AMATEURS

The women’s World cham­pi­onships con­clude in Delhi, writes John Den­nen

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Women’s World cham­pi­onships

WHO is Anna Okhota to stand in the way of his­tory? In the light­fly­weight fi­nal at the World cham­pi­onships on No­vem­ber 24 the Ukrainian was the last ob­sta­cle be­tween In­dian le­gend Mary Kom and an ex­tra­or­di­nary sixth gold medal. In her home coun­try, at the Indira Gandhi Sport Com­plex, Kom would not be de­nied. Her split de­ci­sion vic­tory broke the record she had jointly held with Ire­land’s Katie Tay­lor.

Kom was al­most over­come with emo­tion. “First of all I would like to thank all my fans,” she said. “It was very chal­leng­ing for me as well.

“[Tokyo 2020] is still on my mind. I’m still dream­ing. I have al­ready won a bronze medal in [Lon­don] 2012 but still as an ath­lete, as a boxer, in my dis­ci­pline, I want to win a gold medal for the na­tion… I will try my best.”

Ire­land does have a new light­weight World cham­pion in Kel­lie Har­ring­ton. In her fifth con­sec­u­tive vic­tory of the tour­na­ment Har­ring­ton took a split de­ci­sion win over Thai­land’s Su­pa­porn Srisondee. “It’s al­ways been my dream to be­come a World cham­pion. The sup­port from home has been phe­nom­e­nal as well, I would like to thank ev­ery­one,” Har­ring­ton said.

Welsh mid­dleweight Lau­ren Price was GB’S only medal­list at these World cham­pi­onships. Open­ing her tour­na­ment with unan­i­mous de­ci­sion vic­tory over Ire­land’s Aoife Burke, she took a split ver­dict over Poland’s Elz­bi­eta Wo­j­cik in the quar­ter-fi­nal. “I knew that my op­po­nent would come for­ward, so the plan was to draw her in and use my speed to counter her. The first round was close, but I think I re­ally picked it up in the sec­ond and third and de­served the win,” Price said.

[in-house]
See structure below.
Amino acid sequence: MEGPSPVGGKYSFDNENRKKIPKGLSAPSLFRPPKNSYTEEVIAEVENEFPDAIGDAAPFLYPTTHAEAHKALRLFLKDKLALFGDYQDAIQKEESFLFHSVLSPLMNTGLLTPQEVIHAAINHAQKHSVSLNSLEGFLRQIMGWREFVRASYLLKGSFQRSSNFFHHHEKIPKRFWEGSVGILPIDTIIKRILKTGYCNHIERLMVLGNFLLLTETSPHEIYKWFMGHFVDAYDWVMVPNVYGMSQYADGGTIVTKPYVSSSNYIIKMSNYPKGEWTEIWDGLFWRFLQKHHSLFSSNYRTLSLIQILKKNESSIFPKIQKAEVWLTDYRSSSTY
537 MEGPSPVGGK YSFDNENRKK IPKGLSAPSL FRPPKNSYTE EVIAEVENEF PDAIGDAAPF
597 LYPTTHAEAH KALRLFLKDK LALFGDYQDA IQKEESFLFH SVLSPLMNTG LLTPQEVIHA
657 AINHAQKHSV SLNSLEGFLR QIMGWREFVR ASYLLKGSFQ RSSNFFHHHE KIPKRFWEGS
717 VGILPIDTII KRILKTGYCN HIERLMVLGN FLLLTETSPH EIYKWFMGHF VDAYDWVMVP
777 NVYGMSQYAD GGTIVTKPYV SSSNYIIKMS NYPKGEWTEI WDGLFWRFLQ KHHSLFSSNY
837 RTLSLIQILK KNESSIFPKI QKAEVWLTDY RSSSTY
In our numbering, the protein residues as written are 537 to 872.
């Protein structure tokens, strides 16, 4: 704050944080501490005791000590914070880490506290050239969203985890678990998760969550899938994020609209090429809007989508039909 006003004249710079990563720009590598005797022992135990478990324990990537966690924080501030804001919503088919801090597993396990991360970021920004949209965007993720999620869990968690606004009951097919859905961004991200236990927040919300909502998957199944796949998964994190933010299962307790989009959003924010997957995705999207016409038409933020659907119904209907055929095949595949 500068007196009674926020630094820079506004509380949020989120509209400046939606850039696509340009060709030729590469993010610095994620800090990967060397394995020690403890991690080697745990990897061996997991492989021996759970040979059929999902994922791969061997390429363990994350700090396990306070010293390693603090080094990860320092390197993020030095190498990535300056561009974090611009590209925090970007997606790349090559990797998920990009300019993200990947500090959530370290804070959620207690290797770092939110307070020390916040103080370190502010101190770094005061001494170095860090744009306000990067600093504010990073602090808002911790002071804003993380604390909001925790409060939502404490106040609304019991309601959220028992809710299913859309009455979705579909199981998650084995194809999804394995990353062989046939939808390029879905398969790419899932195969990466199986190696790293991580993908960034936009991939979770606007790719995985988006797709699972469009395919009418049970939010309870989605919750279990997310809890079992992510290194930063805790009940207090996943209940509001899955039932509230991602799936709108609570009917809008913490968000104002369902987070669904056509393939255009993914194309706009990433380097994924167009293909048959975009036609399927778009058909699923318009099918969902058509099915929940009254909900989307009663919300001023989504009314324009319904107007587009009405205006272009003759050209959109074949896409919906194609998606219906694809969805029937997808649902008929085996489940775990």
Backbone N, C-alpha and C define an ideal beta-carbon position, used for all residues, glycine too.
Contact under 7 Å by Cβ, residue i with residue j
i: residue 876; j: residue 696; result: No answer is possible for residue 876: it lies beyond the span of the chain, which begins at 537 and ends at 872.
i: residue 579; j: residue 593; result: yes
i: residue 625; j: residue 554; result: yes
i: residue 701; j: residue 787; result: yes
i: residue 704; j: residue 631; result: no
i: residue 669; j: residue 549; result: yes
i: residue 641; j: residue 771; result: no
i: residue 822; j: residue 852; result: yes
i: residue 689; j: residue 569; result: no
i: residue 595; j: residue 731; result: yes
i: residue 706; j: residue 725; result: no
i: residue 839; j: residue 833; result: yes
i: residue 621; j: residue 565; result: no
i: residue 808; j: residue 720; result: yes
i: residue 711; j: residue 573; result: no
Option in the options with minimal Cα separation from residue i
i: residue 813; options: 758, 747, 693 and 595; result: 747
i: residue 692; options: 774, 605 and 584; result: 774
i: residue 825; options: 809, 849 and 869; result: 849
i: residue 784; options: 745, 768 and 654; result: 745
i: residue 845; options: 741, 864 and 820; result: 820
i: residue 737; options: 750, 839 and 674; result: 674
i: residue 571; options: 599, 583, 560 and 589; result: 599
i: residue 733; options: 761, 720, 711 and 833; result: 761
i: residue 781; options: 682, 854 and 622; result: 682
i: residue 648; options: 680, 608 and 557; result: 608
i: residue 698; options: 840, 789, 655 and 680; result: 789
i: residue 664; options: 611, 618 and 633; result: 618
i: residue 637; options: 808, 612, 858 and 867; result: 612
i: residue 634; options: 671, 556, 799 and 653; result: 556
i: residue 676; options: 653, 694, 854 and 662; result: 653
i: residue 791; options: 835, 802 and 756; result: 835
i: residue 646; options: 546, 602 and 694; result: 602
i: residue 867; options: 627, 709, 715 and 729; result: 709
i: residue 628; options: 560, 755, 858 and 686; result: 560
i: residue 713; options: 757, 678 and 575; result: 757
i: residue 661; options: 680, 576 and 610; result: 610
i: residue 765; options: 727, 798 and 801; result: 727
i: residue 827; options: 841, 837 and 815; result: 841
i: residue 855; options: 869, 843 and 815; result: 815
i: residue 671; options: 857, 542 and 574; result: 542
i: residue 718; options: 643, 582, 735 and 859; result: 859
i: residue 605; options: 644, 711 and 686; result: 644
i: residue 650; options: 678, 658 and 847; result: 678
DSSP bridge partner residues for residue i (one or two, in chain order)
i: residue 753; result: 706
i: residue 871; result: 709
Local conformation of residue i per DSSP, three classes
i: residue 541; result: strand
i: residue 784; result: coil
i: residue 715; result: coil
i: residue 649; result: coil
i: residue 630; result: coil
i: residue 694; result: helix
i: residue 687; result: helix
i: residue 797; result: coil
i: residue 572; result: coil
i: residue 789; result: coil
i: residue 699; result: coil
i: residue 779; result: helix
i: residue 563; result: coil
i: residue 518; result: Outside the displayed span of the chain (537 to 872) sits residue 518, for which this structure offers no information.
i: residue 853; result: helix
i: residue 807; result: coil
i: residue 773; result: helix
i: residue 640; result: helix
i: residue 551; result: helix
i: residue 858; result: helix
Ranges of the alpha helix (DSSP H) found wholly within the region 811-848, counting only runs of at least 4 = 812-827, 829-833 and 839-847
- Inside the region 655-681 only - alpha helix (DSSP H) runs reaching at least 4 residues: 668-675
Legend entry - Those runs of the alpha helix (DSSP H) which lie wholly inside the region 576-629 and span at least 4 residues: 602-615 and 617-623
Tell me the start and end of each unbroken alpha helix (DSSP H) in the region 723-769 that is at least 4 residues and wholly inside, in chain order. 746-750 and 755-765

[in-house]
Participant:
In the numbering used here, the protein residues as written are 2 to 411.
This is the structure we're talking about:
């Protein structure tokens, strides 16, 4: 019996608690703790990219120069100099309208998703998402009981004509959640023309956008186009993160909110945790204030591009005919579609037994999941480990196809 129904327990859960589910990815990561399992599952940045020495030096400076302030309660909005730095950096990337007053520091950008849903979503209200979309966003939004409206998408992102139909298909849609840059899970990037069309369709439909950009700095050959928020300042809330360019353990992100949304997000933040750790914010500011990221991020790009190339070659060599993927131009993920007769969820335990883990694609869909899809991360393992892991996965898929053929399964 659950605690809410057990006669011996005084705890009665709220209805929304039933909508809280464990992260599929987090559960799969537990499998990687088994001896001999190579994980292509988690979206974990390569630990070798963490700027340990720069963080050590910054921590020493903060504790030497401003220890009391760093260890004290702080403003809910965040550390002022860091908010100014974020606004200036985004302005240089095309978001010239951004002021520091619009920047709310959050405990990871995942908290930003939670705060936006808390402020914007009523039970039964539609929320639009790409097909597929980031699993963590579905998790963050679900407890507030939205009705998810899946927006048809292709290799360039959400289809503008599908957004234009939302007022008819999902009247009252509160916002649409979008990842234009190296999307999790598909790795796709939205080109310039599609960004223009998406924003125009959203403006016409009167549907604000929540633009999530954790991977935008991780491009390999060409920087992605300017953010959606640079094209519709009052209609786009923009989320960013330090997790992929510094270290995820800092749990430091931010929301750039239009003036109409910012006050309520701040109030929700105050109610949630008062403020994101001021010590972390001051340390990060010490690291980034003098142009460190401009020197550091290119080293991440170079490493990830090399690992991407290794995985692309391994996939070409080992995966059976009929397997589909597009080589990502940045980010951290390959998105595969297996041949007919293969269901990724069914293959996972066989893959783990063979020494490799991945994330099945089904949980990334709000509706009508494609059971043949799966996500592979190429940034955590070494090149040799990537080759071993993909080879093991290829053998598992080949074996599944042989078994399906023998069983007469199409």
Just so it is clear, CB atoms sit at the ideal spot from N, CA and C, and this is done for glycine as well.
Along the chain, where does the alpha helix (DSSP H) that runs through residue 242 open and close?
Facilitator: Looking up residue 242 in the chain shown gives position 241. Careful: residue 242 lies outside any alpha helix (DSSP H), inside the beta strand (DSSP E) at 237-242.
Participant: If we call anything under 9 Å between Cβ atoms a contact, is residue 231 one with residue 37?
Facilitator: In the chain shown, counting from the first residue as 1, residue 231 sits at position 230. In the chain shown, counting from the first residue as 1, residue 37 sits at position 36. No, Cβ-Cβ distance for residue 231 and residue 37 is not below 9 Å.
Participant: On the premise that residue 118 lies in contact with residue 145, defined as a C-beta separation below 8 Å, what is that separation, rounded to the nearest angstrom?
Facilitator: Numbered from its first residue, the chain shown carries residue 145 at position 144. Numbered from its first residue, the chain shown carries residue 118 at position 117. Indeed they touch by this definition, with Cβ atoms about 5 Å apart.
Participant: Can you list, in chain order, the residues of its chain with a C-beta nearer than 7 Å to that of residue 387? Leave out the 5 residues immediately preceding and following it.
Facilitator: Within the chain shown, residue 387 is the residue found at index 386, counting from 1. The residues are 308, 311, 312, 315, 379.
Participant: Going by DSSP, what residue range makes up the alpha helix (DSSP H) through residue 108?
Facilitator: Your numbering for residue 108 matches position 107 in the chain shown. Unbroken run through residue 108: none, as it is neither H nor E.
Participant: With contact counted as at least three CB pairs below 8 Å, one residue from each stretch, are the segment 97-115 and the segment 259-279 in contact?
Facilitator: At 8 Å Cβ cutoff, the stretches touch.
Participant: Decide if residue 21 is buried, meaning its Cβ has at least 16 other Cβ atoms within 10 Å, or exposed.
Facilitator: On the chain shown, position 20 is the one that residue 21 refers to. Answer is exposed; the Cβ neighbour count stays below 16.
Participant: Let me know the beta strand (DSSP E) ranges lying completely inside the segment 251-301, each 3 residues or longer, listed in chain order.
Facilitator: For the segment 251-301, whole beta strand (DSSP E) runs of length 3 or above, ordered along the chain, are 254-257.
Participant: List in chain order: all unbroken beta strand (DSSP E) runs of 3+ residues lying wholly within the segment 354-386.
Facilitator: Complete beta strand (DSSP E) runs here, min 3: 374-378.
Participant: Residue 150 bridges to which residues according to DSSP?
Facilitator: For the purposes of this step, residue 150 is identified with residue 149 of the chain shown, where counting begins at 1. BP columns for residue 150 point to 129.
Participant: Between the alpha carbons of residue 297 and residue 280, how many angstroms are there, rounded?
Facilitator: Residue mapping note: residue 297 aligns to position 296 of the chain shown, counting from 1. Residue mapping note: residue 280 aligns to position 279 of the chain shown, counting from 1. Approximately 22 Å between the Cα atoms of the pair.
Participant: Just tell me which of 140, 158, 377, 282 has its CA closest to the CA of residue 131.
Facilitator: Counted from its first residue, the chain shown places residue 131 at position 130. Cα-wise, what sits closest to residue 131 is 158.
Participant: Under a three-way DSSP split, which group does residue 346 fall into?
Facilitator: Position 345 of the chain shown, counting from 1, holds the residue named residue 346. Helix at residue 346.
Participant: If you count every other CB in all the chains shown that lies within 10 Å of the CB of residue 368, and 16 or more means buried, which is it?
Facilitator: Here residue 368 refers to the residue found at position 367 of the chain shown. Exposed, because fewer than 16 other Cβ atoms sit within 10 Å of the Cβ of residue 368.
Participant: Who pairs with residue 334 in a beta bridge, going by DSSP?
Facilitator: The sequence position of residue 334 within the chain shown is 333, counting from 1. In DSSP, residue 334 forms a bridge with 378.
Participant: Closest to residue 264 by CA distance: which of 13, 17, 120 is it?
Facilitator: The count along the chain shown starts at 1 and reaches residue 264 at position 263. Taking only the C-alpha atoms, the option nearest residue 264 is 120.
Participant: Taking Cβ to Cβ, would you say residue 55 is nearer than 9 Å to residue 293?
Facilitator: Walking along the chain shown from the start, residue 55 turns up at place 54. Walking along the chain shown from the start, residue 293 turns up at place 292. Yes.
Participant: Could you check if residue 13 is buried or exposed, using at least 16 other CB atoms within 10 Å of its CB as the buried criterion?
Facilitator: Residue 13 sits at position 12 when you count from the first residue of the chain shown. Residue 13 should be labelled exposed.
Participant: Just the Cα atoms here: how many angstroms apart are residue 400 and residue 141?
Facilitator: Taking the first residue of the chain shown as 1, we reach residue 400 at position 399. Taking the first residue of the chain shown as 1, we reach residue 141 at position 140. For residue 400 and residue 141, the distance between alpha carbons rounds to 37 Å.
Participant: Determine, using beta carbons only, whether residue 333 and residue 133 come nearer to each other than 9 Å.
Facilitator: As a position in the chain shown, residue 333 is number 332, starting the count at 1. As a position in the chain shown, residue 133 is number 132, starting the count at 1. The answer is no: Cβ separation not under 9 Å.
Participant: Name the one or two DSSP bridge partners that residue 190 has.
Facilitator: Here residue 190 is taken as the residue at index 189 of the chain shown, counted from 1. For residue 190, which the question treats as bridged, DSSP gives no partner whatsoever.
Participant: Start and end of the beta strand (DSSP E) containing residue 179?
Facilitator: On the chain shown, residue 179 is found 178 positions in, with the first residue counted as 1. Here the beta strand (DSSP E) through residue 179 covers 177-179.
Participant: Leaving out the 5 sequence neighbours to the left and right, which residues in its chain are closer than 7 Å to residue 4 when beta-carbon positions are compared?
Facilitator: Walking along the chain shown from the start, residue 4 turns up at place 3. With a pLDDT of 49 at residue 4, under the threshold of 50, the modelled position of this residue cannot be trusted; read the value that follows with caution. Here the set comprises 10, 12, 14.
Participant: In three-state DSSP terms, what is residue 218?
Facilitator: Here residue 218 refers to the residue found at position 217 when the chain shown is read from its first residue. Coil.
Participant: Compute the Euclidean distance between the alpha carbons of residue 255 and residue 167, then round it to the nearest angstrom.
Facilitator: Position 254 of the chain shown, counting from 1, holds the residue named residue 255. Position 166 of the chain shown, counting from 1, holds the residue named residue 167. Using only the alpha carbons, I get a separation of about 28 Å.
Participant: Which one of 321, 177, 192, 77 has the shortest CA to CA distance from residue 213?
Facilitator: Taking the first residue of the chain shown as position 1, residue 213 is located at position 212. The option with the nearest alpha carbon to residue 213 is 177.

That set up a semi-fi­nal with the Nether­lands’ Nouchka Fon­tijn. The lat­ter is an Olympic sil­ver medal­list and the reign­ing Euro­pean cham­pion. Fon­tijn tow­ered over Price. But the Welsh mid­dleweight put her speed to work. Go­ing on the back foot she made Fon­tin come to her, reach­ing af­ter Price with jabs. It handed Fon­tijn the ini­tia­tive, al­low­ing her to march for­ward. But Lau­ren still sprang for­ward to swing in com­bi­na­tions, fin­ish­ing well in the last round to make it a close con­test. The de­ci­sion was split, but it went to Fon­tijn.

“She had a big ad­van­tage in size and reach, but I think my tac­tics were spot-on and I coun­tered her well. It was a re­ally close bout and I feel I could eas­ily have got the de­ci­sion, but un­for­tu­nately only two of the judges’ saw it my way,” Price said. “It is dis­ap­point­ing to lose when I feel I could have gone all the way in this tour­na­ment, how­ever when I re­flect on things in a few days, I sup­pose I can be happy that I have come away with a medal and es­tab­lished my­self as one of the best in the world.

“It has been a great year for me win­ning Com­mon­wealth gold and then tak­ing bronze at both the Euro­pean and World cham­pi­onships, I just need to make sure I keep up the mo­men­tum next year and con­tinue im­prov­ing as we look to­wards the Olympic qual­i­fiers.”

Eng­land’s mid­dleweight Natasha Gale just missed out on a medal. She took points wins over Kaza­khstan and Italy, Aida Ong­dash and As­sunta Can­fora,

de­feat­ing both by unan­i­mous de­ci­sion. That put her into a quar­ter-fi­nal with China’s Li Qian.

In a close con­test, the heavy shots Natasha landed weren’t enough to force the de­ci­sion her way, with a unan­i­mous ver­dict go­ing to Qian. The Chi­nese boxer would ul­ti­mately win gold, beat­ing Fon­tijn on a split de­ci­sion in the fi­nal.